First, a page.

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July 3, 2022



Film about Czechoslovak experiment with Romani children wins best documentary from Olomouc Film Academy

3.5.2015 2:31
This photograph used in the documentary film
This photograph used in the documentary film "Suppressed Letters" ("Zatajené dopisy") shows Miroslav Dědič instructing Romani children as part of the Květušínský experiment. (PHOTO: printscreen from the documentary film).

A documentary film by Czech Television, "Suppressed Letters" (Zatajené dopisy) about an experimental school for Romani children in 1950s Czechoslovakia, has won the prize for best Czech popular science documentary from the Academia Film Olomouc. At the beginning of the experiment, children attended the boarding school voluntarily, but later attended after being forcibly taken away from their families on the presumption that their ties with their parents would be broken.  

The jury expressed appreciation in particular for the filmmakers' efforts to show the ambiguity of this under-researched topic while also bringing it to the public with the appropriate urgency. However, the surprisingly non-confrontational character of the film has raised more questions than it has managed to provide answers.  

"Our documentary does not offer a simple schematic, it's not black-and-white. It's not a documentary about Romani people, to a degree it's about all of us, about how we do our best to cope with racism and xenophobia, and also about how, by building ghettos, we create them anew," said creative producer Lenka Poláková, according to the press spokesperson for Czech Television, adding that "I am very please that the AFO jury chose this gentle, subtle film, which forces us to reflect."

Critical opinions, however, have also been voiced to the effect that the film lacks both balance and the voices of those who were forced to pay the highest price when their children were forcibly removed from their families because of the vision of cultivating "proper members of socialist society". "It is not intended as a confrontation, although the complexity and seriousness of the topic would have made that appropriate. After all, when the 90-year-old respected educator is telling a story that, for propaganda reasons, he edited back in the 1950s already, it would be appropriate to have someone in the film opposing 'his truth' at that moment," writes Lenka Jandáková in her review of the film for

"Dědič, the main designer of this experiment, was motivated by a desire to prove to what was then a socialist society that Romani people are educable - as long as the influence of their Romani upbringing is eliminated. In his diary he called the children who had been removed from their parents 'material for our workshop on humanity'. In the spirit of the slogan 'everything for the idea', Dědič did not hesitate to use both physical and psychological violence, which meant censoring, falsifying or suppressing correspondence between the children and their parents, using bureaucratic tactics to prevent parents from visiting (the school was located in the Boletice military area, which required official permission to enter), and even punching one mother in the face when she was defending the children who did not want to leave her side," Jandáková writes.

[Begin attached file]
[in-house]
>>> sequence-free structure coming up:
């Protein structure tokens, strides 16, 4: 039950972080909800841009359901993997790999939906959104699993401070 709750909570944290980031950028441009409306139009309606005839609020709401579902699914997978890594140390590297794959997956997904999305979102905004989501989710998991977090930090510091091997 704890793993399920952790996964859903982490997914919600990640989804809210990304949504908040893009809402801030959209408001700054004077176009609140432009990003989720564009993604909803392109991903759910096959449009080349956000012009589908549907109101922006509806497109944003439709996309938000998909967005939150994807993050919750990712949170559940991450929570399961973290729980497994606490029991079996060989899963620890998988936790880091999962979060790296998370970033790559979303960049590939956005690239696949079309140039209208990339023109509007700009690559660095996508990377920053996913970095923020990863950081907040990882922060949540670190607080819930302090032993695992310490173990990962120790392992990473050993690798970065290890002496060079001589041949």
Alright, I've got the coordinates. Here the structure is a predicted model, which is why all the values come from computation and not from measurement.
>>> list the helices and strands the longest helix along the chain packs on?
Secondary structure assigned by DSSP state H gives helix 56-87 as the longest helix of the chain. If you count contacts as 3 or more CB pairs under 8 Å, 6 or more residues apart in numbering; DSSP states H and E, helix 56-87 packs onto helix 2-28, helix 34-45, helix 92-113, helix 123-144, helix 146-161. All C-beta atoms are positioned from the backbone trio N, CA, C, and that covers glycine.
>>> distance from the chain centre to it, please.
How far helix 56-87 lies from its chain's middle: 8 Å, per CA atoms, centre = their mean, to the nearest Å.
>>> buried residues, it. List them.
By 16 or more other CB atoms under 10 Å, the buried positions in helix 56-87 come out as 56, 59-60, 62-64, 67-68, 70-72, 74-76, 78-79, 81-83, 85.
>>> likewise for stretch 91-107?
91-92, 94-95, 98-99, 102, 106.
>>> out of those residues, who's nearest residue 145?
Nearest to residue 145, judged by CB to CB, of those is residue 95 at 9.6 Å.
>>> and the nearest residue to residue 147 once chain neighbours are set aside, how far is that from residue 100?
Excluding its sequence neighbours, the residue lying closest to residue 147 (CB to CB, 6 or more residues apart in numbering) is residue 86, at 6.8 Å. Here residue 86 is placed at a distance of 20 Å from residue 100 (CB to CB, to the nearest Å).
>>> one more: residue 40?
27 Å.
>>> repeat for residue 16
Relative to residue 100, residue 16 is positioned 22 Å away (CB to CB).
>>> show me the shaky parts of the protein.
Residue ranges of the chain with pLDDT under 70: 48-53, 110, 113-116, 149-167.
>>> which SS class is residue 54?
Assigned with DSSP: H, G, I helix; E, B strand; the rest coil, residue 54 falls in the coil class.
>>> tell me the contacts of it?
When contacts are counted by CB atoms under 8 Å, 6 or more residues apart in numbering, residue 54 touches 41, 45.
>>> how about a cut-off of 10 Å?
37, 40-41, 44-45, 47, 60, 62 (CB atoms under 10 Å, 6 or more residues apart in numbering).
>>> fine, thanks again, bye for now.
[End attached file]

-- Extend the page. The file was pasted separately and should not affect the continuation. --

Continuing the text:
According to a press release from Czech Television, the director, Tomáš Kudrna, originally did not have film festival ambitions as part of his interest in making the documentary. "We wanted primarily to do good work under the given conditions. Be that as it may, ever since our premiere at One World there has been interest in the film from other festivals. That may be because we have succeeded in conceiving of Romani subject matter in a new way that is not cliché. The award from the Academia Film Olomouc just confirms that the topic of Romani education is more than necessary, it's alive - it is being discussed a great deal, and 'Suppressed Letters' is contributing important stories and testimonies to that discussion," he said.    

The so-called Květušínská School functioned during the 1950s in the Boletice military area. The subject of its experiment was Romani children and the question of whether they could be incorporated into the socialist education system.  

The film follows 11-year-old Karolínka, the granddaughter of a pupil at the school, as she researches its history. She asks questions of her neighbors and relatives and gradually learns that while the pupils may have thrived academically due to the work of their teachers, many paid a high price for it which traumatizes them to this day.    

The children were removed from their family environments as part of the experiment and, soon after it was created, the school began to function as a boarding school and children's home which the children's parents were forbidden to enter. The documentary about it was broadcast by Czech Television on the occasion of International Romani Day and is available to watch free of charge through Czech Television's online iVysílání program

voj, translated by Gwendolyn Albert
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